Major cuts to services provided by local authorities in County Meath will be unavoidable later this year if the government goes ahead with its threat to slash over 2 million from the funding it provides to the local authority here.
Meath County Council is bracing itself for a reduction of about 2.6 million from the 21 million the local authority receives from the Local Government Fund in 2012 as a result of the poor collection rate in the county among those who have paid the controversial Household Charge.
Minister for the Environment & Local Government Phil Hogan has told county managers he will be withholding funds because of the shortfall in revenue from the charge. Although the cuts will vary from county to county depending on the rate of payment, in Meath it will equate to a cut of around 12 per cent.
Concerned councillors are calling for an urgent meeting to discuss the impact the cuts will have on the services provided by Meath County Council, claiming it will leave the council in a very difficult situation, particularly as it has already had to cope with a nine per cent reduction in funding announced at the end of last year. One councillor predicted things like road maintenance, town centre upgrades and council housing maintenance would all be hit.
The reduction in the amount of money the local authority receives from central government is being based largely on the rate of payment of the Household Charge in the county. Latest figures suggest only about 52 per cent of householders in County Meath have paid the controversial tax, which is aimed at putting the funding of locally delivered services on a sound financial footing.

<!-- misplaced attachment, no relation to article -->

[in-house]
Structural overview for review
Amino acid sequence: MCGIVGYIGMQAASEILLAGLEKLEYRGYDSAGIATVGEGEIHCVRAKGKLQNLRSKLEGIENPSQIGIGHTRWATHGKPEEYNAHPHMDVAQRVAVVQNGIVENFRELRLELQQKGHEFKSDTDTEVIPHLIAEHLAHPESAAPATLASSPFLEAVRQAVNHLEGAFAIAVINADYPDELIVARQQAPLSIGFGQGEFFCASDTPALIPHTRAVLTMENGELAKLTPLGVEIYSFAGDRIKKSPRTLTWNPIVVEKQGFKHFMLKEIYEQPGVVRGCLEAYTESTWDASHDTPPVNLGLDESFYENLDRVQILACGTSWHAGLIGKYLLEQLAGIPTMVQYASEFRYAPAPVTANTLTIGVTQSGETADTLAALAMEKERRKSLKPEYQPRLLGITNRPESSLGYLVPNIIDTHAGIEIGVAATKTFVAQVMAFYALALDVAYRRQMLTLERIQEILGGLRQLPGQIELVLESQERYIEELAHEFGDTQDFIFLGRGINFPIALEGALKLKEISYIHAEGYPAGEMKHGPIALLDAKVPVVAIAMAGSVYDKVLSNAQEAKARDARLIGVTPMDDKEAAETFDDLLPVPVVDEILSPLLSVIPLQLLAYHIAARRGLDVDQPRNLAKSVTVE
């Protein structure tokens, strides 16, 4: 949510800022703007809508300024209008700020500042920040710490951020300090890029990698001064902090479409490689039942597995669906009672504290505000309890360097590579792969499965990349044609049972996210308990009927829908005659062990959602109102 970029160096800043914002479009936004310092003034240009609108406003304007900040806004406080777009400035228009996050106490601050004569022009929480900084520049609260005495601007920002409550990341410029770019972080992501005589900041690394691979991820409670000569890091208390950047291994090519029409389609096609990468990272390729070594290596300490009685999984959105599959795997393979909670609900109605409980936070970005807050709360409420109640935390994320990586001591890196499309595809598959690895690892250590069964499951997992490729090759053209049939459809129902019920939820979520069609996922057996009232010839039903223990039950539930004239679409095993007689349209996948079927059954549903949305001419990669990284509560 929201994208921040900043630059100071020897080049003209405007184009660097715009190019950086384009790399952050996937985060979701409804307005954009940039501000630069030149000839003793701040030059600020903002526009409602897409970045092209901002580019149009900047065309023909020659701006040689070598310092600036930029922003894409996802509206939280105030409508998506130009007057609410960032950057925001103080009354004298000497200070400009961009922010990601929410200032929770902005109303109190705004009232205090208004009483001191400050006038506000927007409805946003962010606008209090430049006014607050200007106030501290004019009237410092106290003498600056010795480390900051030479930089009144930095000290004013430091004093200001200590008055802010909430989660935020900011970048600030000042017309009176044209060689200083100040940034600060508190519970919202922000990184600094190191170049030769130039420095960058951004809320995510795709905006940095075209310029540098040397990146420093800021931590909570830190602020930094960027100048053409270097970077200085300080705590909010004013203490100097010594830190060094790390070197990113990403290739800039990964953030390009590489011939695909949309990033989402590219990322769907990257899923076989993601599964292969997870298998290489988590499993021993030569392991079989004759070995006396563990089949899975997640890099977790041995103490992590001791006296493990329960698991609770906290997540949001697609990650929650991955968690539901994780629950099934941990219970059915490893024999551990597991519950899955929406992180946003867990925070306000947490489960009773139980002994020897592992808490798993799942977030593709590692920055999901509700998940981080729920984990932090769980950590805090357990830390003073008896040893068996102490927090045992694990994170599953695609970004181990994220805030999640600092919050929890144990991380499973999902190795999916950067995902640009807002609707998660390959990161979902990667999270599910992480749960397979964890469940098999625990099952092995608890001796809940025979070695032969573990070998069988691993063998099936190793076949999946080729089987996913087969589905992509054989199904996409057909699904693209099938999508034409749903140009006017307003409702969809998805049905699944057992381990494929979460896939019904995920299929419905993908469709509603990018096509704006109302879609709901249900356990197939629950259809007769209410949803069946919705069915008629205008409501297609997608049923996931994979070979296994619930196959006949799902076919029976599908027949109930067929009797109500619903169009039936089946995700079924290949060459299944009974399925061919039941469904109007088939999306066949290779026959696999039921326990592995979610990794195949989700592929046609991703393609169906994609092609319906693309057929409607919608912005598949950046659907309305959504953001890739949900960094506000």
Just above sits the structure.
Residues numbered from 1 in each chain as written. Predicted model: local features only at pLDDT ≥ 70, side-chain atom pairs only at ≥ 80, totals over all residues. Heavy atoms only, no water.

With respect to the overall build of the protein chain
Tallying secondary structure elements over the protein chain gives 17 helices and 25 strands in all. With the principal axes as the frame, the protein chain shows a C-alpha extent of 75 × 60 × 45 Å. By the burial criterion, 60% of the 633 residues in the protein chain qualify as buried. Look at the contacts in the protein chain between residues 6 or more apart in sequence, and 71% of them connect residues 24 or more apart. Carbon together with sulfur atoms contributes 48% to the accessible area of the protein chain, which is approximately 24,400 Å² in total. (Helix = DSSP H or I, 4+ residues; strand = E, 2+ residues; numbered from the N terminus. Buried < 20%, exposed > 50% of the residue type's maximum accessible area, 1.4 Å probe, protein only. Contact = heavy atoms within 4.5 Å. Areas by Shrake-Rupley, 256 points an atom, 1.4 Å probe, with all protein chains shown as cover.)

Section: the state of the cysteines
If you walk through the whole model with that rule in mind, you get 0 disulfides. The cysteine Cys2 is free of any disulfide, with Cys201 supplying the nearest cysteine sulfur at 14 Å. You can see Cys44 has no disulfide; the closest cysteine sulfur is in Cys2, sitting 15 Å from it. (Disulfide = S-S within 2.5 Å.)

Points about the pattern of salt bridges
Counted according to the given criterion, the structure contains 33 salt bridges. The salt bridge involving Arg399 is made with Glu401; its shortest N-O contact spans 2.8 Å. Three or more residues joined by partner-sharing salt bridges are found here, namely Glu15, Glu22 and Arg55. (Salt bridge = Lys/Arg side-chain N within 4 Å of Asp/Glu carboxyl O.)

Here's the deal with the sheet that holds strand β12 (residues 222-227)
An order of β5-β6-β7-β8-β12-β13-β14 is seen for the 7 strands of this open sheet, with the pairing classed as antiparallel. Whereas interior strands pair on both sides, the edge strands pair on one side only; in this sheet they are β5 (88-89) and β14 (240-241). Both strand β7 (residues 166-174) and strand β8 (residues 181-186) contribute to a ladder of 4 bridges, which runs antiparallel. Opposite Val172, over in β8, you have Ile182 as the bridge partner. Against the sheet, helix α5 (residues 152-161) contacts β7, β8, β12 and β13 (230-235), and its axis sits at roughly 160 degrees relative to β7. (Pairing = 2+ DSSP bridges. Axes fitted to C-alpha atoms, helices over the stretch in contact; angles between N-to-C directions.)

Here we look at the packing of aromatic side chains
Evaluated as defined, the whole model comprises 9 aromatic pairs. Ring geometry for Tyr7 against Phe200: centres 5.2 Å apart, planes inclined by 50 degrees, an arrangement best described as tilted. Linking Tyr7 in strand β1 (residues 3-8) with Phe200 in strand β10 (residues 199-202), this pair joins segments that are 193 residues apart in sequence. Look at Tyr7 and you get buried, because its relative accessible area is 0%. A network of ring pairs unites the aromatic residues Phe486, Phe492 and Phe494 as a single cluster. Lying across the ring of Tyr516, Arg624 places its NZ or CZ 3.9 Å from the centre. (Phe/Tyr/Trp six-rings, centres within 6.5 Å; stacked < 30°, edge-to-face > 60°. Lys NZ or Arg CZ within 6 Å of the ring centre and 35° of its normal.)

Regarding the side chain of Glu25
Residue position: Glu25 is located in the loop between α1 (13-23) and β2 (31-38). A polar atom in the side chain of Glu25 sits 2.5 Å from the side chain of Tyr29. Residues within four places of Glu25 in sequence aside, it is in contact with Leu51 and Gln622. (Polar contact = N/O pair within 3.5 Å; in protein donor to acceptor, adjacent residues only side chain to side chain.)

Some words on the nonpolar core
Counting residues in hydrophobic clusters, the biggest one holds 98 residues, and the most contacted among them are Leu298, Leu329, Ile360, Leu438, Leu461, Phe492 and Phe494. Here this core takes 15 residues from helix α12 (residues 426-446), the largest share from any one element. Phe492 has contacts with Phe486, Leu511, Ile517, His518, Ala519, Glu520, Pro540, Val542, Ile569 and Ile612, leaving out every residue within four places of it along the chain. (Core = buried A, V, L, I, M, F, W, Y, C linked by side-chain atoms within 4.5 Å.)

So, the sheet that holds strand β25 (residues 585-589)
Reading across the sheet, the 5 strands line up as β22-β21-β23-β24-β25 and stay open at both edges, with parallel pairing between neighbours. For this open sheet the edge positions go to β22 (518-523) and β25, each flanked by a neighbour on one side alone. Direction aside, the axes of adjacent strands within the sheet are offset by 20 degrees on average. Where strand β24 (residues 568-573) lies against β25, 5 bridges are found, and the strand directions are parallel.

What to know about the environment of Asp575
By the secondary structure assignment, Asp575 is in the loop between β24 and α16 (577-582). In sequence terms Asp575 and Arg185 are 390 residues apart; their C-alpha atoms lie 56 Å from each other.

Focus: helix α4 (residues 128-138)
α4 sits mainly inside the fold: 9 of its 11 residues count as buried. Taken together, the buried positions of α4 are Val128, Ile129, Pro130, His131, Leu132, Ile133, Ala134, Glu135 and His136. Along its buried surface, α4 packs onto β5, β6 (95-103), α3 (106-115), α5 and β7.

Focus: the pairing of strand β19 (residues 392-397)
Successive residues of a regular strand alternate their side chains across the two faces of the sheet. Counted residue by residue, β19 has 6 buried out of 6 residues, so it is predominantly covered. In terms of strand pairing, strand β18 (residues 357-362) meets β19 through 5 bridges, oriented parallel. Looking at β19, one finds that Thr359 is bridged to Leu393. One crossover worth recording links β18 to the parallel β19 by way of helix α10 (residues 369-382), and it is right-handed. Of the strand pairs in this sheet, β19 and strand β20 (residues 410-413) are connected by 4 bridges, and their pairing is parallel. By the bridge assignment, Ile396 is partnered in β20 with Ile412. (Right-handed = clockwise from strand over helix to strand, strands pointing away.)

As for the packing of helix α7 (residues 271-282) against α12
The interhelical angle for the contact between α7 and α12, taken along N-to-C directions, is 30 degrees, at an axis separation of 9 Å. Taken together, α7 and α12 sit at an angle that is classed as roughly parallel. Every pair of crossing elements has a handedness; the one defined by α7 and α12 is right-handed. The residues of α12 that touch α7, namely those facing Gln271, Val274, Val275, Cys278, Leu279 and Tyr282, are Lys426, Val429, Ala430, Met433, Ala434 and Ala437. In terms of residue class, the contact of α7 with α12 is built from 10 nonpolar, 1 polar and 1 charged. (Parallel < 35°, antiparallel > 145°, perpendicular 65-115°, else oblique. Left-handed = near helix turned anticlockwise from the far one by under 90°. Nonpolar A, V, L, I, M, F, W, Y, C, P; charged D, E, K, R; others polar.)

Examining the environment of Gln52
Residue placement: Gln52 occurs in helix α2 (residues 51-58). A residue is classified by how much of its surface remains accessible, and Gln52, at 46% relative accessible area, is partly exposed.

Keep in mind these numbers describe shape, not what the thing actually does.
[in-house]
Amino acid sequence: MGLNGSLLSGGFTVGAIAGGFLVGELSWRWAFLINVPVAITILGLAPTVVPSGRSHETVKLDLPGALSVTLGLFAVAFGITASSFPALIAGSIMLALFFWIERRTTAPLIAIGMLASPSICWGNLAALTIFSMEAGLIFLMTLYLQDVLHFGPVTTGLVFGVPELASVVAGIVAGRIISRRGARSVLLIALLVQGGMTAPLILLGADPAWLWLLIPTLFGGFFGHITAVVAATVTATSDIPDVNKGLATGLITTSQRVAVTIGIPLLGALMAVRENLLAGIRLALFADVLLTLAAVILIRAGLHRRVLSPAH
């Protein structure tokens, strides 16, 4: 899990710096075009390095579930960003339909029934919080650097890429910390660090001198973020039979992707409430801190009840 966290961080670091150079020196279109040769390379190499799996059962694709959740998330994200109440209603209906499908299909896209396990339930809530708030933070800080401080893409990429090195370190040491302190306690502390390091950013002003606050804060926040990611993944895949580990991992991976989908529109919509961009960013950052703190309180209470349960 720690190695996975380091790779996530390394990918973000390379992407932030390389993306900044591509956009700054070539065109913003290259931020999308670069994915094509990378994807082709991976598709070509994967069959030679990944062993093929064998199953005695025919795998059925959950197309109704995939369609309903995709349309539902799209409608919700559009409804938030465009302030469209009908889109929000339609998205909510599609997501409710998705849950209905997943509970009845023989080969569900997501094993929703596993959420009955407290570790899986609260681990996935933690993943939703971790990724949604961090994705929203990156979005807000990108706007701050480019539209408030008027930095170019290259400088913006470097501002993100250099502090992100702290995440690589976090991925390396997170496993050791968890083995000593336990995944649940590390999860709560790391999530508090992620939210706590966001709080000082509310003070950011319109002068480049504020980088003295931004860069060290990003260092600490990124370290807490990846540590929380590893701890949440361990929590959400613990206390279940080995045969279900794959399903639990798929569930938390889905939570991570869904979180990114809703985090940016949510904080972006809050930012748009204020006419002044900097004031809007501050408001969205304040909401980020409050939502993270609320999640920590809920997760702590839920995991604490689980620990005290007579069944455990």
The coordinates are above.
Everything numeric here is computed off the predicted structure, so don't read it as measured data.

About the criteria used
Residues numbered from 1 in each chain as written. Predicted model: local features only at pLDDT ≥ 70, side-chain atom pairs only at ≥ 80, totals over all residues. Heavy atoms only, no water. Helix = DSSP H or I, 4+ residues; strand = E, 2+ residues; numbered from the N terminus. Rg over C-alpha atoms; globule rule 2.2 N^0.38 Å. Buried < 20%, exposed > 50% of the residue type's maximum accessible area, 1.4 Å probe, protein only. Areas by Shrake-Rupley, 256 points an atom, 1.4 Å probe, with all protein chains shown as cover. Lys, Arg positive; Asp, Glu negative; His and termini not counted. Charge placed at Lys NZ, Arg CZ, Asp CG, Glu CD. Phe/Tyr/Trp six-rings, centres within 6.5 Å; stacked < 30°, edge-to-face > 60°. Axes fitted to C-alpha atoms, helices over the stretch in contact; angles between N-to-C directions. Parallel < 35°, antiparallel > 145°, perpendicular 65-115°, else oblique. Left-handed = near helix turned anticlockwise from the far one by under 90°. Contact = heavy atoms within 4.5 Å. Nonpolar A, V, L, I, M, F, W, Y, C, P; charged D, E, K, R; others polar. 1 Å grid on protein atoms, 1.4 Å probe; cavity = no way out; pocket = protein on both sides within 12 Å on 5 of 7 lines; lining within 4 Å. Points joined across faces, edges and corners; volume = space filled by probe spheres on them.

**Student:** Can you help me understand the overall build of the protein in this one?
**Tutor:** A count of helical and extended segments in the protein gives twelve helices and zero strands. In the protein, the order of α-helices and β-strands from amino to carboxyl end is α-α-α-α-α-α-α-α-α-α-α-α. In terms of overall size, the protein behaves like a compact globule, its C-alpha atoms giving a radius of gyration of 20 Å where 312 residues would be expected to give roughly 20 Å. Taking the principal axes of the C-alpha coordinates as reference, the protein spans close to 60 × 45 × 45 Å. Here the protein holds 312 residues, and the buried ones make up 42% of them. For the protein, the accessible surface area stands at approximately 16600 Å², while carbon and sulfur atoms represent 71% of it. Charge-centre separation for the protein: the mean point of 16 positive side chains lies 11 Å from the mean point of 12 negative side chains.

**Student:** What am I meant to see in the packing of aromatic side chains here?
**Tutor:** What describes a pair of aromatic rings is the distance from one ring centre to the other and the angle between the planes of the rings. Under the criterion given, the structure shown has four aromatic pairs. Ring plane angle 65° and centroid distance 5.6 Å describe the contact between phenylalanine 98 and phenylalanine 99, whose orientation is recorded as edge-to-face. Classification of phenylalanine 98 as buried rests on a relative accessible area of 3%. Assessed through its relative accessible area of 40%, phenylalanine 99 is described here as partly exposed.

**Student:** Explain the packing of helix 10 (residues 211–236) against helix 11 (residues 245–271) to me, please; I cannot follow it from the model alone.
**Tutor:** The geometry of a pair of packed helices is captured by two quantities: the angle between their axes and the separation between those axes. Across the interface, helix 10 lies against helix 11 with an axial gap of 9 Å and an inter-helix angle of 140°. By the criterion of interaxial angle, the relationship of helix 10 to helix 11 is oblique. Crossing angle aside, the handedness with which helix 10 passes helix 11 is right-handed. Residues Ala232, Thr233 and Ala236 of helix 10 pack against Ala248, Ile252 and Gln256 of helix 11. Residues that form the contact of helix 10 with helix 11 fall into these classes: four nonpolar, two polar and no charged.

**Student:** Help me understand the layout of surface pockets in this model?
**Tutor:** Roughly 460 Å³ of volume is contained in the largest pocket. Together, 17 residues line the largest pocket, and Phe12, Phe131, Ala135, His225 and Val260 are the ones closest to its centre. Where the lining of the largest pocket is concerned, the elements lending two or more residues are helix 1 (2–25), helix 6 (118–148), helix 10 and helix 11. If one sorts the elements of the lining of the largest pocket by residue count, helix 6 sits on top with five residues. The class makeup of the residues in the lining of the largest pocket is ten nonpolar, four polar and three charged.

Counties such as Meath, with its low income from commercial rates, are among those suffering the most from the planned cuts, as these are the local authority areas which traditionally rely most on the Local Government Fund to make up the difference.
The government is now clearly placing the onus to collect the outstanding payments on individual county councils, and putting the pressure on senior officials to be more aggressive in going after Household Charge evaders, although it is stressing it is withholding the money rather than withdrawing it. The Dept says if collection rates improve, the tap could be turned on again.
The timing of the announcement from Environment & Local Government Minister Phil Hogan just ahead of the Dail's summer recess and at a time of the year when county councils will not meet again for a further six weeks is widely regarded as cynical in the extreme. It will be early September before elected councillors will be able to get to grips with what services will need to be reduced or even done away with in order to balance the council's books.
The pressure is also likely to come on those who have thus far steadfastly refused to pay the Household Charge as all residents in the country will now effectively be penalised, even those who have complied with the law and paid the charge. This is inherently unfair but it remains to be seen what tactics the county council will adopt to try and improve its collection rate - which is not among the worst in the country.
The Opposition have clearly latched onto this aspect of the controversy, accusing the minister of bullying cash-strapped local authorities which have seen their income streams come under pressure from all sides. He has been criticised particularly for penalising councils for the chaos he himself has created in the way the new tax was to be collected.
The manner in which this new tax has been collected has been ham-fisted from the start, particularly putting the onus on individual householders to go and do it rather than invoicing everyone who has a liability, as happens virtually everywhere else. An Post has a 90 per cent collection rate for the TV licence, and other organisations like the ESB, Bord Gais, Eircom and Sky all manage to regularly collect money relatively painlessly through electronic and other methods.
That may be an argument for another day, but for the present, councils such as Meath are going to have to figure out a way to considerably improve their Household Charge collection rate among a group of people who have either decided not to pay on principle or who simply cannot afford to pay. If it cannot, its already under-stress budget will come under even greater strain and community facilities and services will be under even greater threat.
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